Apple installs its Safari web browser on every Mac sold. Despite this, Google Chrome remains a popular web browser on macOS devices. There’s now more to love about Google Chrome on the Mac: the web browser offers full support for Apple’s Touch Bar.
Today we’ll look at how Google Chrome interacts with Touch Bar and how to change commands to suit your preferences. You’ll also learn about a third-party tool that allows you to make customized shortcuts for Touch Bar.
Introducing Google Chrome With Touch Bar
First launched in October 2016 on select fourth-generation 13- and 15-inch MacBook Pro models, Touch Bar is a multi-touch enabled OED strip located above the physical keyboard. It’s where the function keys reside on non-Touch Bar MacBook Pro models.
Except for the Control Strip (located on the right side of the Touch Bar) and the Escape button (located on the leftmost side of the Touch Bar), the contents on Touch Bar are dynamic. They change based on the app you’re currently using and the tasks associated with the app.
Despite early rumors to the contrary, Google took a lot of time before offering Touch Bar support for the Chrome browser. Now that it’s here, you’ll notice a familiar experience where there are navigation buttons and a hybrid address/search bar.
Google Chrome buttons on Touch Bar are in the following positions by default:
- Backward and Forward
- Add to Favorites
- Open New Tab
These dynamic keys sit alongside the standard ones, which include volume and brightness controls and the Siri button.
Making Minor Changes
You can change these settings by selecting View > Customize Touch Bar from your Mac’s toolbar when you’re using Google Chrome. Unfortunately, there are not many changes you can make at this time other than rearranging or removing the default icons on Touch Bar.
From the Customize Touch Bar screen, you can also opt to disable typing suggestions if you don’t want Chrome to autocomplete your keywords.
Hopefully, Google will add more options for Touch Bar in future Chrome updates. For example, while it’s nice having a shortcut to add Favorites, offering a Touch Bar button to see each favorite might be more useful. A shortcut button to access Chrome extensions would also be worth having.
When you want to customize the Touch Bar, its icons jiggle. Use your Mac’s cursor to drag items that you want from the display down into the Touch Bar. You can also drag the buttons left and right within the Touch Bar to rearrange them. Drag them up to remove them.
Finally, tap Done in the Touch Bar (or click Done on the right side of the screen) when finished.
I consider myself a reasonably active Google Chrome user. The Google Search function has long ago been my best friend when it comes to looking for information on the web. I’ve rearranged the Touch Bar for Google Chrome to reflect this.
On my MacBook Pro, I have the Search, Open New Tab, and Home buttons first. The others follow. Again, I wish there was more you could do with Chrome with the Touch Bar. For now, I’ll stick with this customization.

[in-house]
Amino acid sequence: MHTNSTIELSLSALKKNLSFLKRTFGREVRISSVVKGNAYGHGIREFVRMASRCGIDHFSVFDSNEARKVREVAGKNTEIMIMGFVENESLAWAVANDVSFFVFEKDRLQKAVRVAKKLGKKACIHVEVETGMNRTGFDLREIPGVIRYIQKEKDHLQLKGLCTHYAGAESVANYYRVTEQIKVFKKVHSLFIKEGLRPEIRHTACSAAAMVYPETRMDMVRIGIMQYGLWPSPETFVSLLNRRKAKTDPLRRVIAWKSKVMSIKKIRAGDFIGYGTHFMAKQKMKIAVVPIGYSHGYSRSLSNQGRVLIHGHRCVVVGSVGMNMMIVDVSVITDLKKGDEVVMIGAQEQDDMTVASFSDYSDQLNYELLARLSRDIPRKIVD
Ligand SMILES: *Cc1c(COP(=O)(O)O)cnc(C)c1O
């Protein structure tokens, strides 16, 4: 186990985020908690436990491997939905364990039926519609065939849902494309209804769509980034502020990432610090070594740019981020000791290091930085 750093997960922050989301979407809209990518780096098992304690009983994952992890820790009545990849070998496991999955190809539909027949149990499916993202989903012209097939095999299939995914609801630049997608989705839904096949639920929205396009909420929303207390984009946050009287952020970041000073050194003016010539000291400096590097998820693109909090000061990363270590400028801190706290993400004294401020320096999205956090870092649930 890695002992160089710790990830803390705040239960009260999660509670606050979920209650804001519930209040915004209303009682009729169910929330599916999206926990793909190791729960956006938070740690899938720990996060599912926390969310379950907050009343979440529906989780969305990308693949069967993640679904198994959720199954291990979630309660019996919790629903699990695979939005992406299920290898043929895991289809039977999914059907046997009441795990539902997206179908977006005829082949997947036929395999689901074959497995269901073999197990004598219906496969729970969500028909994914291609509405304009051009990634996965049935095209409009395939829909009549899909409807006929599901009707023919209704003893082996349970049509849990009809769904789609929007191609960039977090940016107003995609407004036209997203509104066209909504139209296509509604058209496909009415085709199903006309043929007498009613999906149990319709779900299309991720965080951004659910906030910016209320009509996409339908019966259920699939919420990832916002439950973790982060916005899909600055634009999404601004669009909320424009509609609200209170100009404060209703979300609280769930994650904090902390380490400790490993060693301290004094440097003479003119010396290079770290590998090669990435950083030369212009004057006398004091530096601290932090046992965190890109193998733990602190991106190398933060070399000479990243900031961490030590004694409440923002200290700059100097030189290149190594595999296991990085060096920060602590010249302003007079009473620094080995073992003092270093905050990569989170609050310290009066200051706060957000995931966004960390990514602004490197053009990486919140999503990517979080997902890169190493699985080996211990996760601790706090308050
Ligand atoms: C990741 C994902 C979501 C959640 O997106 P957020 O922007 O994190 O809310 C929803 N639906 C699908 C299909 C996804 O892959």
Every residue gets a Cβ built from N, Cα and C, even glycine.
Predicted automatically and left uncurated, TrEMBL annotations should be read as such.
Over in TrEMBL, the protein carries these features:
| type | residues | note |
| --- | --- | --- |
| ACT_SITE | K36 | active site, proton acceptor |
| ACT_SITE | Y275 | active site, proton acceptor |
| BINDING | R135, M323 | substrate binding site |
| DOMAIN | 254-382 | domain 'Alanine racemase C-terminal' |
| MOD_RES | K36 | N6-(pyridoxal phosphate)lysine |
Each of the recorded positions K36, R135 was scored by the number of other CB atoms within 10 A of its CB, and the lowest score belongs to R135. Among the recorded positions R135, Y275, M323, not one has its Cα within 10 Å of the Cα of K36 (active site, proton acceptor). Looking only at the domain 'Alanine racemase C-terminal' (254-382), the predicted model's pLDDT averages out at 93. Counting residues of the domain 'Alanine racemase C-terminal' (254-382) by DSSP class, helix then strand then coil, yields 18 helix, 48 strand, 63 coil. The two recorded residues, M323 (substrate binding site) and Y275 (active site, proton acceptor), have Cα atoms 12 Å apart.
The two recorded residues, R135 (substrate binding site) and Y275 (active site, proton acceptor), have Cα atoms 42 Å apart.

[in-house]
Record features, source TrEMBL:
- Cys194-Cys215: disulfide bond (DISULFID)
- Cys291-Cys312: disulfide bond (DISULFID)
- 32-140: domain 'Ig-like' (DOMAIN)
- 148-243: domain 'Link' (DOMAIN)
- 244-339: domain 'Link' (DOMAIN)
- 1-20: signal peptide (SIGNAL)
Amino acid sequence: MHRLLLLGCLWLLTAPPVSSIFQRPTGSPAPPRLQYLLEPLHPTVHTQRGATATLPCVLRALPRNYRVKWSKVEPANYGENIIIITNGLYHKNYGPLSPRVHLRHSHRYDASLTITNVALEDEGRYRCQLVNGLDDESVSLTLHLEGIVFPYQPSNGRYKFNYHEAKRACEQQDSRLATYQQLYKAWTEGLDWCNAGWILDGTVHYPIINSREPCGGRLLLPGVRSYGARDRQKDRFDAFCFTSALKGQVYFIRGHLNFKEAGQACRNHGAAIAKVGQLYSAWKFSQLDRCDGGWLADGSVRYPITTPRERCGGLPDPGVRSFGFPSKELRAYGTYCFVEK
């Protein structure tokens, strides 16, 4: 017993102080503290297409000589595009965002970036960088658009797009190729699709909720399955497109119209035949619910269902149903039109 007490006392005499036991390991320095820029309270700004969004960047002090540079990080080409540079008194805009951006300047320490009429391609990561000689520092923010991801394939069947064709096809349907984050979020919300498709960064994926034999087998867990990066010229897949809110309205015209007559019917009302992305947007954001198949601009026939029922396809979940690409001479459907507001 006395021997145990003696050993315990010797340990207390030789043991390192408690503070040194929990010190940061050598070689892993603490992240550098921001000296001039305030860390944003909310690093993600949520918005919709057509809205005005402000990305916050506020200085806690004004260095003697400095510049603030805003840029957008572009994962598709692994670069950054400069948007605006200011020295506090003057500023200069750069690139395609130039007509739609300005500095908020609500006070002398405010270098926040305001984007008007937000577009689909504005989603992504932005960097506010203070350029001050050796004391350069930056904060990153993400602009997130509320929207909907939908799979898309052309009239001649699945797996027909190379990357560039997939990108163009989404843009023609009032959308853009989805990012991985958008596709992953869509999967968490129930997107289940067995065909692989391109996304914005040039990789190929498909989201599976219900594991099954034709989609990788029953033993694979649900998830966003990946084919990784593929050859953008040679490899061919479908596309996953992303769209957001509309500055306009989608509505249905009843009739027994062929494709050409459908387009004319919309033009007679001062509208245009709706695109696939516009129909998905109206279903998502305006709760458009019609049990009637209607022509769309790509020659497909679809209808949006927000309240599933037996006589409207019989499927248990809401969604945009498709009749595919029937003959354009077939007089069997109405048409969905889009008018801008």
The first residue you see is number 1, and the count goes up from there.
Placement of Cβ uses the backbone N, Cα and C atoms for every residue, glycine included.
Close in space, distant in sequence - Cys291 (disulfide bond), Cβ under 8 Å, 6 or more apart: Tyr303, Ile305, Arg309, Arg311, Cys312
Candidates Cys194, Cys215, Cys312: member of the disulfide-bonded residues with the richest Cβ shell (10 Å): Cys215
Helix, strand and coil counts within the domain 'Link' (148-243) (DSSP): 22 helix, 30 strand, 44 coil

Another (Possibly Better) Solution
As you can see, there isn’t much you can do with Google Chrome using Touch Bar, at least at the time of this writing. To do more, you can either wait for Google to add more features via a software update or check out BetterTouchTool, a third-party solution that allows you to make customized Touch Bar buttons for Google Chrome and other apps.
To make personal Touch Bar buttons using BetterTouchTool for Google Chrome, follow the steps below:
- Once you download and install Better Touch Tool, go to Preferences under the app’s icon on your Mac’s toolbar. Next, click on the Touch Bar tab.
- Next, click Select Application, and then select the plus “+” icon that appears below it. You’ll have a choice to “select app from file system” or “select app from running apps.” Choose Google Chrome from either list.
- Select the + Touch Bar button towards the bottom of the screen. Enter a name for the button where you see the label, “Touch Bar Button Name,” and choose an icon for it.
- In this example, you’ll create a shortcut to add a new tab in Google Chrome. Click on Custom Keyboard Shortcut while also pressing the command+t. When you’re in Google Chrome, you’ll now see your recently created shortcut on the Touch Bar.
Using BetterTouchTool, you can create other buttons for Google Chrome. Look under the app’s “Predefined Action” section for things to try. BetterTouchTool doesn’t just work with Touch Bar. You can also use the tool to customize your Magic Mouse, Siri Remote, and trackpads.
BetterTouchTool is available with a 45-day free trial. After that, licenses start at $6.
Much More to See
Third-party developers are slowly adding support for Apple’s Touch Bar. Some of the most popular Mac apps on the planet now work with the tool, including Adobe Photoshop CC, Microsoft Excel, and Pixelmator. More continue to get adding with each passing month. Be on the lookout for more apps that use Touch Bar or give BetterTouchTool a try to make your Touch Bar shortcuts of your own.
Which Mac apps do you use with Apple’s Touch Bar? Let us know in the comments below.
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